Dr. Richard Vienne of Amherst and many of his colleagues nationwide say there's one thing missing from the great debate over health care reform: any effort to ease the minds of doctors so they wouldn't keep wasting money on tests out of the fear of getting sued.
To others who have studied the liability system, though, reform would not necessarily save money.
Only 4 to 7 percent of those eligible to collect from a doctor actually ever make a malpractice claim, said Thomas E. Baker, a professor of law at the University of Pennsylvania and the author of a book called "The Medical Malpractice Myth."
Under a reformed and easier-to-navigate system where expert panels rather than juries decided cases, far more people would file malpractice claims -- and win, Baker said.
"Even if you were paying people only a quarter of what they got under a tort claim, the system would still cost more," said Baker, a native of LeRoy, near Rochester.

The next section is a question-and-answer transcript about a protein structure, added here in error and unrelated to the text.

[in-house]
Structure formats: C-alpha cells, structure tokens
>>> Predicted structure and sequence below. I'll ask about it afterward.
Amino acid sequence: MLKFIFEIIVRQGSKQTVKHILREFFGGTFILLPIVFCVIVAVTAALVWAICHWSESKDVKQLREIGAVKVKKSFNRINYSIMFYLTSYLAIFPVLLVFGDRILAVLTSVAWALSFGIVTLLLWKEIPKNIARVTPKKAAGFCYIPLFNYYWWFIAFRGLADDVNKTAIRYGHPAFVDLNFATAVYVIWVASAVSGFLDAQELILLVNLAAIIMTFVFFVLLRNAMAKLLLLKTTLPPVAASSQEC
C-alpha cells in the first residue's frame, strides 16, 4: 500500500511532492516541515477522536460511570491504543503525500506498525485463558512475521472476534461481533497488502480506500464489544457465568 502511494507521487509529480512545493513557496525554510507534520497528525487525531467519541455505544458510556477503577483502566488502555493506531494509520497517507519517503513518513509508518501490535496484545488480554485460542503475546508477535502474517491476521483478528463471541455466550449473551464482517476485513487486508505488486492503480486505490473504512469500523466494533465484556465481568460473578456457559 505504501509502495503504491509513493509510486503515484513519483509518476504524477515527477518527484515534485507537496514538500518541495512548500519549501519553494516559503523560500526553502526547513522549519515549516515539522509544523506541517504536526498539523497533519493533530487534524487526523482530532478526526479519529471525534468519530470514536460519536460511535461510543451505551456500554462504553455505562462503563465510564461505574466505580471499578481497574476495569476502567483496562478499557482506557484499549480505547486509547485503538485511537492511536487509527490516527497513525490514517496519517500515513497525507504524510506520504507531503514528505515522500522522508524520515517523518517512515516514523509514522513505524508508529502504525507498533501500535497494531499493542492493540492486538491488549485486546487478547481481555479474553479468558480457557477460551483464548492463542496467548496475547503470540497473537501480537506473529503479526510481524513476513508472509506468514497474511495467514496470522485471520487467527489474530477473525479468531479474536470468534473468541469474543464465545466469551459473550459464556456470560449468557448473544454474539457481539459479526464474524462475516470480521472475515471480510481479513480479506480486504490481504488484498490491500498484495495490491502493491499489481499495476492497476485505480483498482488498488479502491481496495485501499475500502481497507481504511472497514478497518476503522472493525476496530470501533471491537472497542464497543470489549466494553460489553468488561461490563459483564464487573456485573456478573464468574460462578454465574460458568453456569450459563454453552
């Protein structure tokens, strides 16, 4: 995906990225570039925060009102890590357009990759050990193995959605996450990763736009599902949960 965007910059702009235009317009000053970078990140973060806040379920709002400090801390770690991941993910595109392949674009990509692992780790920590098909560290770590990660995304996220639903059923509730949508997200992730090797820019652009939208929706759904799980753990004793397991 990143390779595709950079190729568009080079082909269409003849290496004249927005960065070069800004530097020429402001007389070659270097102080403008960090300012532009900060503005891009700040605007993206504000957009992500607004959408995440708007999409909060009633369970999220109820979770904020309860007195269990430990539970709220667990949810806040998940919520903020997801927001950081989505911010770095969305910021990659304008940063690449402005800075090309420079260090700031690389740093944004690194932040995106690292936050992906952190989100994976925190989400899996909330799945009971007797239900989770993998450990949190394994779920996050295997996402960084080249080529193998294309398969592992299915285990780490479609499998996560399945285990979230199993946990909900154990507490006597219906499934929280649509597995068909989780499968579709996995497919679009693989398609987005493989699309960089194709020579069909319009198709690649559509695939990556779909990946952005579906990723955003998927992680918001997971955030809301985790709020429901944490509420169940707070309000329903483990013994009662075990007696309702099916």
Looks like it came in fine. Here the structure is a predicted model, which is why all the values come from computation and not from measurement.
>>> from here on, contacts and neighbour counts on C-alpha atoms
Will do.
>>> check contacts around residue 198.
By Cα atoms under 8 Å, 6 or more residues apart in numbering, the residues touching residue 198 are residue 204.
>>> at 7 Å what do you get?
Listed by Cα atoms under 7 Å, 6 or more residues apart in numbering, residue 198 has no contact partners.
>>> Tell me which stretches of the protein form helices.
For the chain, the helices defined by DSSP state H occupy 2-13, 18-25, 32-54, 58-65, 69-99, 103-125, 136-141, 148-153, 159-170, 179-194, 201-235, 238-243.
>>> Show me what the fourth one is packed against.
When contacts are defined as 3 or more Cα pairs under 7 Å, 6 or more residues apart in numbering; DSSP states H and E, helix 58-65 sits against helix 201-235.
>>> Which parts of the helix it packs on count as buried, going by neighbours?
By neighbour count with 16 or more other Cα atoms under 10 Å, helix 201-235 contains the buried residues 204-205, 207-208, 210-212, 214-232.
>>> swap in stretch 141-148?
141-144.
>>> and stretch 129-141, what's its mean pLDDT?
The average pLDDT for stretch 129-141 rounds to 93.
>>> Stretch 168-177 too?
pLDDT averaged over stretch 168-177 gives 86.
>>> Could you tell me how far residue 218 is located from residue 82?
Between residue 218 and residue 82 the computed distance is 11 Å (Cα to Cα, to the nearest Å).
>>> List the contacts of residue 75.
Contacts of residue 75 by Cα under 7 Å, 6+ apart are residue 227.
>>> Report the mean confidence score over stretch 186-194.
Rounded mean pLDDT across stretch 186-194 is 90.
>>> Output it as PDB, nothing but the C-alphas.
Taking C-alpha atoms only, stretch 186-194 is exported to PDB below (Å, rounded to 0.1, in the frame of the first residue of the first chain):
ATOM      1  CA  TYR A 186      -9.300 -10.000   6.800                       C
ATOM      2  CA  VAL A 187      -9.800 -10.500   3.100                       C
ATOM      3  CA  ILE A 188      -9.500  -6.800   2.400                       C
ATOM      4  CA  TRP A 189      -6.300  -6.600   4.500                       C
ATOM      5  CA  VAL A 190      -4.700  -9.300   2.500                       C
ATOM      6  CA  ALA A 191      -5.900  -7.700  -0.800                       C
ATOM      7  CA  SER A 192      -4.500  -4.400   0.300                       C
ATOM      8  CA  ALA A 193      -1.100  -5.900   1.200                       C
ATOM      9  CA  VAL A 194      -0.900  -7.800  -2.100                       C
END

What's more, the evidence from Texas, which capped liability awards at $250,000 in 2003, doesn't indicate that such a move would do much to hold down health care costs.
While lawsuits and insurance rates have plummeted in Texas, the Dartmouth Atlas of Health Care found that, in the three years after that liability cap was implemented, Medicare costs in Texas increased 24 percent -- six percentage points more than the national average.
Such statistics indicate that defensive medicine is not the reason behind huge increases in medical costs, said Joanne Doroshow, executive director of the Center for Justice & Democracy, a nonprofit that aims to ensure that Americans are treated fairly in court.
Doctors are ordering more tests "because people are making money off of them," Doroshow said.
"It's not because of lawsuits," she said.
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